When some people reach retirement age, they put their feet up, watch TV and potter in the garden. Others save up for a luxury cruise around the world.

But that is not adventurous enough for Charles and Cecillie Swaisland, who are just about to celebrate their 60th wedding anniversary. In their 80s, the couple, who live in Kennington, were happy to discover Alaska, even if it meant sleeping in cabin bunk beds.

Charles, who will be 90 in August, is honorary curator of the Pendon Museum at Long Wittenham near Abingdon, and also works as a volunteer two days a week at Oxford’s Bodleian Library, sorting colonial records.

It is hard to imagine anyone in Kennington who has not come across the couple on village committees, organising litter picks or the library festival, or pounding the streets for the annual Kennington Overseas Aid (KOA) house-to-house collection.

Cecillie has been known to bake 40 cakes at a time for KOA fundraising. Most locals however, will be unaware that the couple lived for more than 30 eventful years in Africa and Asia.

During the Second World War, Charles, a Quaker and pacifist, served in a Quaker surgical and medical transport brigade — but his posting was unusual. His unit was sent by the International Red Cross and the Foreign Office to help the Chinese in their prolonged resistance against the Japanese occupation.

After two years, Charles was invalided out of China and, on the difficult journey home, his boat was bombed and sunk.

When he complained about losing his cap during the dramatic incident, a Welsh sailor who hauled him aboard the rescuing corvette, said: “You are bloody lucky you didn’t loose your life!’”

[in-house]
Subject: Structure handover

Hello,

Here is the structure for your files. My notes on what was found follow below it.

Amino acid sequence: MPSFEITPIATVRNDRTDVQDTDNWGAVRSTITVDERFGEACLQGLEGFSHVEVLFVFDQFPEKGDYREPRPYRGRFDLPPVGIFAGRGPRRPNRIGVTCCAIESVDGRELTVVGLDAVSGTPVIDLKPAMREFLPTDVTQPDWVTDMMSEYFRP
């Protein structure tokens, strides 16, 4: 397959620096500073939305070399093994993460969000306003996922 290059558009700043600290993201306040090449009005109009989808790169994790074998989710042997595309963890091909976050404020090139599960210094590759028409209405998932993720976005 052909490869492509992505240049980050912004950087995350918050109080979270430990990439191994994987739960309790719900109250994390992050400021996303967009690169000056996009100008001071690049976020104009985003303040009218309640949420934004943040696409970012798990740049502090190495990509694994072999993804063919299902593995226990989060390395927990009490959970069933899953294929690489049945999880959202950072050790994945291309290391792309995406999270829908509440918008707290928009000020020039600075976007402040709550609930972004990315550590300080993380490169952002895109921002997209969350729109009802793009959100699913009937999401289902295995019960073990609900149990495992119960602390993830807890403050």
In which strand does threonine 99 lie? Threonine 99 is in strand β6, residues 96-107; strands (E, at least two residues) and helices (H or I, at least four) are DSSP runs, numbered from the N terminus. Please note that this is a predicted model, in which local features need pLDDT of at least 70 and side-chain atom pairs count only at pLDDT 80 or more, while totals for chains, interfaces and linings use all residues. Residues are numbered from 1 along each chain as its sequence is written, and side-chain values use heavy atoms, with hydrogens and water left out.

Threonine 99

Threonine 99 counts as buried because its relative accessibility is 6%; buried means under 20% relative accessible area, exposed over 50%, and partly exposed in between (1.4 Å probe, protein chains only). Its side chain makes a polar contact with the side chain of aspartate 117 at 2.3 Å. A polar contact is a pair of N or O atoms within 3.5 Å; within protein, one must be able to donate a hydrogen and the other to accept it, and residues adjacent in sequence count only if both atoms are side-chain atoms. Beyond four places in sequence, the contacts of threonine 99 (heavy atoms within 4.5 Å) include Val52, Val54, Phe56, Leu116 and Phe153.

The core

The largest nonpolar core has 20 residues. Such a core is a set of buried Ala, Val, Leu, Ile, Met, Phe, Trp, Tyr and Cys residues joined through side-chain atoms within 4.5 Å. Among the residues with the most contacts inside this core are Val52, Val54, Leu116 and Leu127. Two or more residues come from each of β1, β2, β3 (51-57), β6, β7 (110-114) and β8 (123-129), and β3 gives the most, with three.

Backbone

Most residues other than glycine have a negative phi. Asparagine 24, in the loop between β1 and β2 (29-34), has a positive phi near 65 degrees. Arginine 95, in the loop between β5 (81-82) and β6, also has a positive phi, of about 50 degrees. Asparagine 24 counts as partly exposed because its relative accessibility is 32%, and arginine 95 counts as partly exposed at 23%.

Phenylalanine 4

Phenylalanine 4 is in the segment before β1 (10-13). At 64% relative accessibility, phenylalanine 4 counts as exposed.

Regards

Back in England in 1945, Charles was stationed at the Middlesex Hospital and, with responsibilities for demobilisation, worked with Brian Bone, who introduced him to his sister, Cecillie, then a young student studying sociology at the London School of Economics, who was also a Quaker. Charles and Cecillie quickly discovered they had much in common and were soon married.

After studying sociology and law at Birmingham University, Charles applied to join the colonial service, was accepted and posted to Nigeria. Their first daughter, Ruth, was born in Port Harcourt in 1951, and their second, Alison, in 1954 in Gloucester, on their first home leave.

As a district officer in Nigeria from 1949–1963, Charles was in charge of the local police force, as well as being a magistrate and prison governor.

From Nigeria, Charles and Cecillie and their two daughters moved to Mauritius, where After studying for his D Phil in Public Administration at Oxford, Charlee taught at Birmingham University, but was often seconded to different parts of the world, with support from the Foreign Office. One such posting was to train district officers in Southern Sudan.

Cecillie researched for her MSocSci at Birmingham and then lectured in social science.